Assessment of Catalan trial ‘difficult’ without international observers, say European politicians
A group of MEPs and MPs in national parliaments follow the independence case in Spain’s Supreme Court
A group of European politicians have travelled to Madrid to follow the Catalan independence trial and insisted that international observers should have been allowed in the courtroom during the hearings.
"It’s difficult to give a comprehensive view of what’s going on when you’re only here for a couple of hours,” said Magni Arge, a member of the Danish parliament from the Faroe Islands.
Arge and other MPs in national parliaments, as well as members of the European Parliament, were allowed to enter the courtroom during witnesses’ testimonies on Thursday morning.
“It looks very civilized in the outside, but how civilized is it in the inside and over the long-run? That’s a completely different matter,” said Arge in an interview with Catalan News.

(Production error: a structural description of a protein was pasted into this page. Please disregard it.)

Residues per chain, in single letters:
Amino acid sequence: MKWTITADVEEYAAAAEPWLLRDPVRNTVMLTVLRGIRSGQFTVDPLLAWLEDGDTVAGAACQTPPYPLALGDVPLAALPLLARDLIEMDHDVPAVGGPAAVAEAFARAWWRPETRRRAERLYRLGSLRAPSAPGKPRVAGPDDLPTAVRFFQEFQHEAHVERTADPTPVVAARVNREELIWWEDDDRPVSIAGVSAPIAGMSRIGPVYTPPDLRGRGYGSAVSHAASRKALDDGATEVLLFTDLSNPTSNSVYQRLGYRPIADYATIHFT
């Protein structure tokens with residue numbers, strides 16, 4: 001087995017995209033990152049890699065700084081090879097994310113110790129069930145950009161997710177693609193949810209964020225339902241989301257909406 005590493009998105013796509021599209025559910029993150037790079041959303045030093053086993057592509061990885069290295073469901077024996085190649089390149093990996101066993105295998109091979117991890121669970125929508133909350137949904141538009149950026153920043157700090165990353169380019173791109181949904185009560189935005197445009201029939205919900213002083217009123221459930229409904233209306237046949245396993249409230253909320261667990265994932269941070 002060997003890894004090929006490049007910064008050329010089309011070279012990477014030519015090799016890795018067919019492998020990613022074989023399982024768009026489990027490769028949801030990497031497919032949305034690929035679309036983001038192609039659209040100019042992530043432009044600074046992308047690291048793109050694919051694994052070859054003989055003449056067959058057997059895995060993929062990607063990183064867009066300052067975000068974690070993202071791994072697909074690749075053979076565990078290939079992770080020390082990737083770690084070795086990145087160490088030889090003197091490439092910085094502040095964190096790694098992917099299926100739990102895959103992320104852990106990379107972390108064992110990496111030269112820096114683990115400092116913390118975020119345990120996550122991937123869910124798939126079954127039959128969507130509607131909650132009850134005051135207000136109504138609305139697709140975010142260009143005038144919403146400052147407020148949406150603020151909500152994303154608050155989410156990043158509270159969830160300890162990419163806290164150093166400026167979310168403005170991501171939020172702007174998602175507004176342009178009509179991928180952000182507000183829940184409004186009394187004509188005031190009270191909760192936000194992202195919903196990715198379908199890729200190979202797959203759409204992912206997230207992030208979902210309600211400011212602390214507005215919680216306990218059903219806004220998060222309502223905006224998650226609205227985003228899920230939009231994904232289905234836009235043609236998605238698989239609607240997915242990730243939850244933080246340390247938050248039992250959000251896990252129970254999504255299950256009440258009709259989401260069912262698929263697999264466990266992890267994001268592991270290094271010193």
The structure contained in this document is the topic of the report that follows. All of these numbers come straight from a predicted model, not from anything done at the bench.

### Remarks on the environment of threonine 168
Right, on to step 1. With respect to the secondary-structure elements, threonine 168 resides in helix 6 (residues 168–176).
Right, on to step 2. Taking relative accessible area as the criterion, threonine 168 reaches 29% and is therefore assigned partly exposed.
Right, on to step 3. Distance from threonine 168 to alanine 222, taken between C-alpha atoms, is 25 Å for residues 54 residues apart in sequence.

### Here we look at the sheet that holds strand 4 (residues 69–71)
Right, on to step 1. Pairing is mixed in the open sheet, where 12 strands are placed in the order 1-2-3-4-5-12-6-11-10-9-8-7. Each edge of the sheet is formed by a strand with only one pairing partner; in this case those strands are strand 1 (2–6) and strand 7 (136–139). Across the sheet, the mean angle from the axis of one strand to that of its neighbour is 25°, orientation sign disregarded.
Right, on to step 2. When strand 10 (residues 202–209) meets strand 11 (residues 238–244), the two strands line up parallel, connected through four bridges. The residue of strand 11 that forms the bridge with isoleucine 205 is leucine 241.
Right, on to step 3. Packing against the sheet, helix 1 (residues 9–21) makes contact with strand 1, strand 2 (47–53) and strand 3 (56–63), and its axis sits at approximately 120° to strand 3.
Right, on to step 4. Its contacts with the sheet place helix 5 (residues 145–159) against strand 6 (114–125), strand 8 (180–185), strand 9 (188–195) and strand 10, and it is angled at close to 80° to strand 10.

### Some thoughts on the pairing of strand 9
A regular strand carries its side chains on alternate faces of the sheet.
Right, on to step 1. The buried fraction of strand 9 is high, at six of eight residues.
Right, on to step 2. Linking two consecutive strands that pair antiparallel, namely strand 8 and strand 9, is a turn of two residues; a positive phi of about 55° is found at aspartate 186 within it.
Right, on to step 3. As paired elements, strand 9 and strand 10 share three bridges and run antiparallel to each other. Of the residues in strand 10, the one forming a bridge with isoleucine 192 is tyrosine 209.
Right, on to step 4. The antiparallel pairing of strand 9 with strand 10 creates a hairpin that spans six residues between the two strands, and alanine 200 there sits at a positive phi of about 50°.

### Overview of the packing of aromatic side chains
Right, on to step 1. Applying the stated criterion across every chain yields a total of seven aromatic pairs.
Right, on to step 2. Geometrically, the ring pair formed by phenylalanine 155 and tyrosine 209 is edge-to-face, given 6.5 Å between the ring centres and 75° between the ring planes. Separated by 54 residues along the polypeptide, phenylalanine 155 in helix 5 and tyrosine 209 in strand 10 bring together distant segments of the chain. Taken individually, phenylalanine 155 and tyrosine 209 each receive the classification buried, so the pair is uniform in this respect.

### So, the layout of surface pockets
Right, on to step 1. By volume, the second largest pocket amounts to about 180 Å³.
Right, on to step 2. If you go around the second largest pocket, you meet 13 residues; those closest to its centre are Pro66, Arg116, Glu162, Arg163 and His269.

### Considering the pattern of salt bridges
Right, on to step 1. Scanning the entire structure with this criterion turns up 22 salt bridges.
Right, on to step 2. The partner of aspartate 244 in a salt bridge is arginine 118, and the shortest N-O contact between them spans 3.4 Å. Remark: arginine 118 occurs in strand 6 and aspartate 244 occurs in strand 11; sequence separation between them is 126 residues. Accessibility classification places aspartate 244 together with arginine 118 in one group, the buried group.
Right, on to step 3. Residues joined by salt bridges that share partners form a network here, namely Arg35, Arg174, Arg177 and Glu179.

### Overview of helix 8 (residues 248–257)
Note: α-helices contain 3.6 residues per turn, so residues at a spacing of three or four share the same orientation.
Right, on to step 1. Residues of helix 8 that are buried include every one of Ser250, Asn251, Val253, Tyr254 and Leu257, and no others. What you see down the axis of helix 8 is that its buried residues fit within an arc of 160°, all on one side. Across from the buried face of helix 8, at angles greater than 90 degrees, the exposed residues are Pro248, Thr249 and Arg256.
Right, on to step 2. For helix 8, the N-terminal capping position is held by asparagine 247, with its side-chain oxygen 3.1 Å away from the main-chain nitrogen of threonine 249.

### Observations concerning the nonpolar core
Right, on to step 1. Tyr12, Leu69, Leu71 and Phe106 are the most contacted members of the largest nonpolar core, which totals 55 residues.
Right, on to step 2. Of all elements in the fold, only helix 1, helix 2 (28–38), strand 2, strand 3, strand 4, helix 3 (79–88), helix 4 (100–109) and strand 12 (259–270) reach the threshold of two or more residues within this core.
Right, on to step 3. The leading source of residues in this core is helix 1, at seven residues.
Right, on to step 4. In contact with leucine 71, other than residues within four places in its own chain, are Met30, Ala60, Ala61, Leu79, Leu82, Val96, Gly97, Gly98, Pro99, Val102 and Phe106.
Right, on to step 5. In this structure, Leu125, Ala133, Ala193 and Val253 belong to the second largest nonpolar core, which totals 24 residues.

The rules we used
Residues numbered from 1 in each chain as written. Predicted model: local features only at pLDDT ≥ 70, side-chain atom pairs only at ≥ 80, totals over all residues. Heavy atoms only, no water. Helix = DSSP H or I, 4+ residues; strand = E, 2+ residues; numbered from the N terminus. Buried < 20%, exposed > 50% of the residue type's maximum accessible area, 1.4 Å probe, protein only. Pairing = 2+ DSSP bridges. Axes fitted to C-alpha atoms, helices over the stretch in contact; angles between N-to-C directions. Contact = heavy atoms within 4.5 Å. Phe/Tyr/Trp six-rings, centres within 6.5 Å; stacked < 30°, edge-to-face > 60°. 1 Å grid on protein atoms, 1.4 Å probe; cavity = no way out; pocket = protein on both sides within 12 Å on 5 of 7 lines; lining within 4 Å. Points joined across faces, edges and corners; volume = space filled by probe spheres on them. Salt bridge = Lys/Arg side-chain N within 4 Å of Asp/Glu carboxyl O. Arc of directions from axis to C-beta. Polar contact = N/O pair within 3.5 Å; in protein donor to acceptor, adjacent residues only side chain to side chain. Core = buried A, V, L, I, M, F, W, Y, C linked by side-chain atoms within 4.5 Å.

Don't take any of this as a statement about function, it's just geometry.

The delegation includes members of the EU-Catalonia Dialogue Platform, encompassing MEPs from different parliamentary groups and countries.
Meanwhile Belgian MEP Mark Demesmaeker criticized the trial outside the Spanish Supreme Court. Speaking on day 9 of the trial, he called on European leaders to take action on what he described as “a political trial”.
"It's been a very hard and difficult morning to see two of my former colleagues in the European parliament standing trial here. This is a political trial and I shouldn't be here because this whole trial should not be taking place," Demesmaeker said.
“We've said it already repeatedly but it's not too late for them to realize what is going on here,” he continued.
“It's not too late for them to open their eyes because sooner or later, by ignoring this, by turning a blind eye, they will realize they're on the wrong side of history, and it's better to be on the right side of history.”